Self-Serving Lawmakers and Unions Get a Boost From Aggravating Racial TensionsPosted: December 28, 2014
Politicians benefit from American Tribal Warfare
Glen Reynolds writes: “What if I told you,” asks a Matrix-themed photo-meme that has been circulating on Facebook, “that you can be against cops murdering citizens and citizens murdering cops at the same time?”
“Tribalism is the default state of humanity: The tendency to defend our own tribe even when we think it’s wrong, and to attack other tribes even when they’re right, just because they’re other.”
Judging by the past few weeks, this really is a Matrix-level revelation, obvious as it may seem. We have Americans protesting because of police shootings, and we have police turning their backs on New York City’s Democratic Mayor Bill de Blasio over lack of support after two police were assassinated by Ismaaiyl Abdullah Brinsley, a gunman from Baltimore who said he was seeking revenge for the choking death of cigarette-tax evader Eric Garner.
“In a healthy civil society, people can deal with others without worrying about tribalism, confident that disputes will be settled by neutral and reasonably fair procedures overseen by neutral and fair people.”
And, as blogger Eric Raymond notes, the response has been divided: “Because humans are excessively tribal, it’s difficult now to call for justice against Eric Garner’s murderers without being lumped in with the ‘wrong side.’ Nor will Garner’s partisans, on the whole, have any truck with people who aren’t interested in poisonously racializing the circumstances of his death.”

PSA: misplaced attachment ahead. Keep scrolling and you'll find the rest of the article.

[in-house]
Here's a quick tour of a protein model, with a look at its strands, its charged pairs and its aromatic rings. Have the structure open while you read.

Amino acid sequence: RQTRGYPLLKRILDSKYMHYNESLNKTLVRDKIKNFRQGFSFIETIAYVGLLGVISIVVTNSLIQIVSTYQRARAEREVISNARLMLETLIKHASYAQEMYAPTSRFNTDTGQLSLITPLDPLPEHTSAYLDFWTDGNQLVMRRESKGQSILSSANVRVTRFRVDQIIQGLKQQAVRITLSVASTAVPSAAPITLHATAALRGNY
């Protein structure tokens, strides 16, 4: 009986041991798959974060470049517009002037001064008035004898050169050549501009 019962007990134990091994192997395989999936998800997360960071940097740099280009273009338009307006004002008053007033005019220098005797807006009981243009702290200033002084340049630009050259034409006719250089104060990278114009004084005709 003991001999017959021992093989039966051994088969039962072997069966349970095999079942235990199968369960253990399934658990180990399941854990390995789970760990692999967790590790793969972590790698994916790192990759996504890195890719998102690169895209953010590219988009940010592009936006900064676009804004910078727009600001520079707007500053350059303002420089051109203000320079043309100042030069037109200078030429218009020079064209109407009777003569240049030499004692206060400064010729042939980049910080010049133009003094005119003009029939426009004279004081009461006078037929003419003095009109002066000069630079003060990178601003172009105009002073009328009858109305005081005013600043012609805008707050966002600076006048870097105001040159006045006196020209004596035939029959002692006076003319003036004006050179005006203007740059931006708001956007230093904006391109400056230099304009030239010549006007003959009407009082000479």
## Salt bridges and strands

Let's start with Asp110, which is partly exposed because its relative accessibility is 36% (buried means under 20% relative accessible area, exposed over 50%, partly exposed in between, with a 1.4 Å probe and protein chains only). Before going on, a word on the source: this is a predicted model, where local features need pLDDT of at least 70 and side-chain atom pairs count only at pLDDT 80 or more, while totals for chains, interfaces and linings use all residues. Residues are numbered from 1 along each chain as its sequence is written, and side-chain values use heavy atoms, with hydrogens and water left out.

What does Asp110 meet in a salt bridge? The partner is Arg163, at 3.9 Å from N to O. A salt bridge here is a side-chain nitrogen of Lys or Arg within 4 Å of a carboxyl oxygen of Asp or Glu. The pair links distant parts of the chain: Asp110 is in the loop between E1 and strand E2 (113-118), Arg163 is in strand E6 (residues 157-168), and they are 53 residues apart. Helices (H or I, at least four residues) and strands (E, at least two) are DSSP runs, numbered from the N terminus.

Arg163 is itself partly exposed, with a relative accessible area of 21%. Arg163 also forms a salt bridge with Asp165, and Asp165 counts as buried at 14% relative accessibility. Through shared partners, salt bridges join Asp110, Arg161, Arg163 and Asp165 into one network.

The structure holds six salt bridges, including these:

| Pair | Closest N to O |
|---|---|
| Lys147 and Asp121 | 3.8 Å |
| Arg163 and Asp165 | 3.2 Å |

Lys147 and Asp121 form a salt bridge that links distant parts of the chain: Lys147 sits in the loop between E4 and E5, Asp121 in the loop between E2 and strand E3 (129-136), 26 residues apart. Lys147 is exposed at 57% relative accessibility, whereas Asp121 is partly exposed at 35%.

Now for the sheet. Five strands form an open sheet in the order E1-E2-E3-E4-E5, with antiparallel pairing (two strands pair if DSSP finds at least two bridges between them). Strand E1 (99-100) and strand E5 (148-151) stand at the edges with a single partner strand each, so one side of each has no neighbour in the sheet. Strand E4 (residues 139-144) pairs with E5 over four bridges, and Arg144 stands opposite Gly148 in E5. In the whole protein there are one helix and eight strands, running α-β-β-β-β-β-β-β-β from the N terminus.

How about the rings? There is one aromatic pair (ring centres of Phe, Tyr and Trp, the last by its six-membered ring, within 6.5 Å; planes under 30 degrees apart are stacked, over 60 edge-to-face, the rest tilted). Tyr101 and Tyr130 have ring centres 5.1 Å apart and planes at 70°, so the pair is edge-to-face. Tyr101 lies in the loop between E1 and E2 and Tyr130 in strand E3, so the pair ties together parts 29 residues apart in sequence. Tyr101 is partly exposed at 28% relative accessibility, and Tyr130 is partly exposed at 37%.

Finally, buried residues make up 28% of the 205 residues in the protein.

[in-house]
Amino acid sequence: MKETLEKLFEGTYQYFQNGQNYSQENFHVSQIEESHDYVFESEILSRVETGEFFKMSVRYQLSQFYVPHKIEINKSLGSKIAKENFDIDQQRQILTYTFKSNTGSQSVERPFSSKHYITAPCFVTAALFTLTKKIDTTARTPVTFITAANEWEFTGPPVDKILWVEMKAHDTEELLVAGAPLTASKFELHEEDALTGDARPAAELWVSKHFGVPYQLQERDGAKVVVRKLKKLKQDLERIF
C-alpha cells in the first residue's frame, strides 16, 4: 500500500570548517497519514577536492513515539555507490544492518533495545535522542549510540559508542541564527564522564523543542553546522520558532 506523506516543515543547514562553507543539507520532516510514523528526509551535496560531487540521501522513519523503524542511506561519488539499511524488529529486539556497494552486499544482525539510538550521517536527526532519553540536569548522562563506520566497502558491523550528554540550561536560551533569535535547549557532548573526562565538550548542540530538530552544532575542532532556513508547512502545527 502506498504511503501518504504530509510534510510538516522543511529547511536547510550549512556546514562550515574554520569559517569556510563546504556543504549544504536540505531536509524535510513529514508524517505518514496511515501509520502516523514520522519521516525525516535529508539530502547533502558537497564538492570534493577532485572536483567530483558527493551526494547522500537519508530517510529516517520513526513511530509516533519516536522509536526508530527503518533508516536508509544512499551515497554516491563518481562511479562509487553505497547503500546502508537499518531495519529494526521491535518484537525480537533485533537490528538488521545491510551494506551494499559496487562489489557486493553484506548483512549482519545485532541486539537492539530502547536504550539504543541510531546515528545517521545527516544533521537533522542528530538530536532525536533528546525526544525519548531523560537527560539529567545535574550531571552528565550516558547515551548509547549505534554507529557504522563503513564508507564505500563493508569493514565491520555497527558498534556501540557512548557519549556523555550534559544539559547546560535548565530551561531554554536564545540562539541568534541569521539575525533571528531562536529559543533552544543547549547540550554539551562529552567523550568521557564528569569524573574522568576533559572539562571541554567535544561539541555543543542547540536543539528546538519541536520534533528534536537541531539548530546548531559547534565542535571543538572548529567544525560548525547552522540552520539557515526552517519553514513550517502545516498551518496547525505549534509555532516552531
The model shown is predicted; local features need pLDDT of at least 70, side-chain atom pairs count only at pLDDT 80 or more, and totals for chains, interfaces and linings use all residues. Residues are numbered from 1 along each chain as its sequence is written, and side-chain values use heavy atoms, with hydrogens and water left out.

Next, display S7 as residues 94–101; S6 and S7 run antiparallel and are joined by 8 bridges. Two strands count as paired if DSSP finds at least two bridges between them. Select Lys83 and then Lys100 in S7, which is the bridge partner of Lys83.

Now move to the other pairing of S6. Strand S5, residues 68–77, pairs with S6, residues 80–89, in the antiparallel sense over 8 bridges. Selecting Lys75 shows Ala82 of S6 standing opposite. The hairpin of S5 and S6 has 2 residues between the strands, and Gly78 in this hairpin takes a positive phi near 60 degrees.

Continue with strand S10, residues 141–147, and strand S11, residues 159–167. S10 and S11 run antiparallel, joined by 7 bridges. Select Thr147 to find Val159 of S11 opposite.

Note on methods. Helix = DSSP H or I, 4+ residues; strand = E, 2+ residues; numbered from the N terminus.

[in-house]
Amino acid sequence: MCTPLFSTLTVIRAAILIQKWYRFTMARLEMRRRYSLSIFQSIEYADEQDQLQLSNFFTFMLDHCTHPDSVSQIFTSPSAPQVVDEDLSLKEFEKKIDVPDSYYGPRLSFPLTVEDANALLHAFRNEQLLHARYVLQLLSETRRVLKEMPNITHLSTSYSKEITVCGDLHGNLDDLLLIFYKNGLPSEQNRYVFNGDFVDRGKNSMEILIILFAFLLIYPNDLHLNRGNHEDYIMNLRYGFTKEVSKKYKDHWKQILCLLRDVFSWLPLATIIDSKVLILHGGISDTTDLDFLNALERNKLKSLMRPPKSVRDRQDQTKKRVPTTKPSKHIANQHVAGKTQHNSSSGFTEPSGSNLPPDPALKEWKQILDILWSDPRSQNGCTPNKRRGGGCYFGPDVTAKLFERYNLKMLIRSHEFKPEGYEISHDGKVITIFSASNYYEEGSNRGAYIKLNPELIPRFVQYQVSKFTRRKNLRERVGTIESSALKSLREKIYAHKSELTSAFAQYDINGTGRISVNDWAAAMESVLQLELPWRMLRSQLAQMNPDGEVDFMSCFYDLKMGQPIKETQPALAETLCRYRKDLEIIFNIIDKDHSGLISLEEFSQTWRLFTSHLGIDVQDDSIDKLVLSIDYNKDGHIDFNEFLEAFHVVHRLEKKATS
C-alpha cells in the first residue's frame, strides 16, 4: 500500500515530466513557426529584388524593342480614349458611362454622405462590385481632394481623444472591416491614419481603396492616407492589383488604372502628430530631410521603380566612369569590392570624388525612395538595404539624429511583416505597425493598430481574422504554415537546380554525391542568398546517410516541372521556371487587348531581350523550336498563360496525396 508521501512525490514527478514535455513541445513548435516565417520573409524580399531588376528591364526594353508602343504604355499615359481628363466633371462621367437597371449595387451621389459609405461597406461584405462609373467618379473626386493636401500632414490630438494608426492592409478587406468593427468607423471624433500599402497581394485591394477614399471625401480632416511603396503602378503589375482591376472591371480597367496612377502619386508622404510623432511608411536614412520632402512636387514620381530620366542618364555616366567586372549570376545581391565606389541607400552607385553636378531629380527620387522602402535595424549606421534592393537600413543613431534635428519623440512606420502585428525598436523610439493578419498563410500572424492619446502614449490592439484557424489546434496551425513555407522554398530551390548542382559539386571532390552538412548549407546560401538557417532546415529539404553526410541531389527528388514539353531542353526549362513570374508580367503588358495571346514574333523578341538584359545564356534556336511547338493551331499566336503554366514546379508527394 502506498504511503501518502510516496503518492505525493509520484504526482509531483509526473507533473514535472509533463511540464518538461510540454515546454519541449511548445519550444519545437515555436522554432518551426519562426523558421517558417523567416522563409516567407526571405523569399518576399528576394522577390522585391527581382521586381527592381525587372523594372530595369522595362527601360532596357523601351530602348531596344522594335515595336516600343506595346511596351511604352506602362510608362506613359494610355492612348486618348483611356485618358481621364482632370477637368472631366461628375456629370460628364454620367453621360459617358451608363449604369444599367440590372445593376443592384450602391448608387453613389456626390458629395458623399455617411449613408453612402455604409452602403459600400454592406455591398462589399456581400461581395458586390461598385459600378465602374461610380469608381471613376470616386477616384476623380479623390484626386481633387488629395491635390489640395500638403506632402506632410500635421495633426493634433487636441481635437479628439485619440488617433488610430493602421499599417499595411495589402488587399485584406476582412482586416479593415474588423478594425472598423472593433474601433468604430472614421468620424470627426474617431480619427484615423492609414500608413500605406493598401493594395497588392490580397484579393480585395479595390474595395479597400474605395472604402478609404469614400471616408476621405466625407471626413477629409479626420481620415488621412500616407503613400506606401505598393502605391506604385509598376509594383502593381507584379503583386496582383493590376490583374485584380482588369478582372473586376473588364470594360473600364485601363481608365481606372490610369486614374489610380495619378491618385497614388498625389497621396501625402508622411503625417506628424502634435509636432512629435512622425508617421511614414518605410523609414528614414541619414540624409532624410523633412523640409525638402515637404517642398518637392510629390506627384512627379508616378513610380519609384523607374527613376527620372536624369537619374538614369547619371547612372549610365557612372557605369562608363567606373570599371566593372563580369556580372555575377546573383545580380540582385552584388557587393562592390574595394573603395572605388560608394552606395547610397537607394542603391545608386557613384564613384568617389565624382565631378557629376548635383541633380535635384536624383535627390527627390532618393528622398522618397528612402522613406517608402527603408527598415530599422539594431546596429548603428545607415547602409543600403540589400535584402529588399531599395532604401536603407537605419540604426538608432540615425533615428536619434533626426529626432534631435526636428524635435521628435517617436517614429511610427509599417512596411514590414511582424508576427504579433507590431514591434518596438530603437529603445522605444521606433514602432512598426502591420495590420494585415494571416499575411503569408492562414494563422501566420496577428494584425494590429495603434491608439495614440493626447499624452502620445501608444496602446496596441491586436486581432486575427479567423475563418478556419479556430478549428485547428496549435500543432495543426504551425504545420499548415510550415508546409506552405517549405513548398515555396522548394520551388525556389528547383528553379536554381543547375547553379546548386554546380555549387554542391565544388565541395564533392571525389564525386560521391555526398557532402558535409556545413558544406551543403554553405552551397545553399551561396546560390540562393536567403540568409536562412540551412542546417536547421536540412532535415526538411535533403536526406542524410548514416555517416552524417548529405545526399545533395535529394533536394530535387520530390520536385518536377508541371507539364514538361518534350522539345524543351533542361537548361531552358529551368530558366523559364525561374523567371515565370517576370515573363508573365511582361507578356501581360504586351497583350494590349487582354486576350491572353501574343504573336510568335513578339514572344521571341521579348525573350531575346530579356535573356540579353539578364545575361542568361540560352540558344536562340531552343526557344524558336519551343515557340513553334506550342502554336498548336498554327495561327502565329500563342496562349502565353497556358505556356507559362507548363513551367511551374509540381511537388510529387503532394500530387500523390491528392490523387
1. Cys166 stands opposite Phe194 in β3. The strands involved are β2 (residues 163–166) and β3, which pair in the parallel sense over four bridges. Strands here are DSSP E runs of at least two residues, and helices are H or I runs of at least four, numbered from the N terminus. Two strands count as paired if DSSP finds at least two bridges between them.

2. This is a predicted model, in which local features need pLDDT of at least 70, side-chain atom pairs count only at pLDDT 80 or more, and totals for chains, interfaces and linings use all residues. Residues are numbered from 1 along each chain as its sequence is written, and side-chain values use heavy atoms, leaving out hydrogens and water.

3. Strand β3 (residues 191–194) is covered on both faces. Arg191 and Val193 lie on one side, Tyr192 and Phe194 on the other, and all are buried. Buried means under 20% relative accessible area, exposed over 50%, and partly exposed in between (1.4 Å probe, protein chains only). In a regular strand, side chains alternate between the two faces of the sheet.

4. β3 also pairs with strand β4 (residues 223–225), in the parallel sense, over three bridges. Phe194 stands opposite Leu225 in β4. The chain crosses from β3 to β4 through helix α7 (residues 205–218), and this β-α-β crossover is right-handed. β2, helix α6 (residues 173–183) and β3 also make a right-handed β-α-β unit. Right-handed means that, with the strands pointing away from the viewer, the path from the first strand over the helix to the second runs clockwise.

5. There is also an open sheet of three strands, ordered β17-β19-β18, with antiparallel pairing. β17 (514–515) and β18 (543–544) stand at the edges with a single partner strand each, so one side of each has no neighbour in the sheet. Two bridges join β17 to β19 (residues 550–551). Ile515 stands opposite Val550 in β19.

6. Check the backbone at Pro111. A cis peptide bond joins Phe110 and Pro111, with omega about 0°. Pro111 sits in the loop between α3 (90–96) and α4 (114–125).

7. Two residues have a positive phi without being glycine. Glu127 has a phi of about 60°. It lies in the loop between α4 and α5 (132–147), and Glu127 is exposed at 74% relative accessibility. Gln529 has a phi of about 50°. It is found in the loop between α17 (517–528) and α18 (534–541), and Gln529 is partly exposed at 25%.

“In a tribalized society, what matters is what tribe you belong to, and who is on top at the moment.”
This is a tragedy, but not a surprise. Tribalism is the default state of humanity: The tendency to defend our own tribe even when we think it’s wrong, and to attack other tribes even when they’re right, just because they’re other.
[Glenn Reynolds‘ book “The New School: How the Information Age Will Save American Education from Itself“ is available at Amazon]
Societies that give in to the temptations of tribalism — which are always present — wind up spending a lot of their energy on internal strife, and are prone to disintegrate into spectacular factionalism and infighting, often to the point of self-destruction.
Societies that temper those tribal tendencies, replacing them with the mechanisms of civil society, do much better. But there is much opportunity for political empire-building in tribalism, and if the benefits of stoking tribal fires exceed the costs for political actors, then expect political actors to pour gasoline on even the smallest spark.
That’s pretty much what’s happened in the last few months, and the results haven’t been good. In America, we have both a police culture that is too quick to escalate force, and an aggressive victim culture, embodied by…(read more)
Glenn Harlan Reynolds, a University of Tennessee law professor, is the author of The New School: How the Information Age Will Save American Education from Itself.
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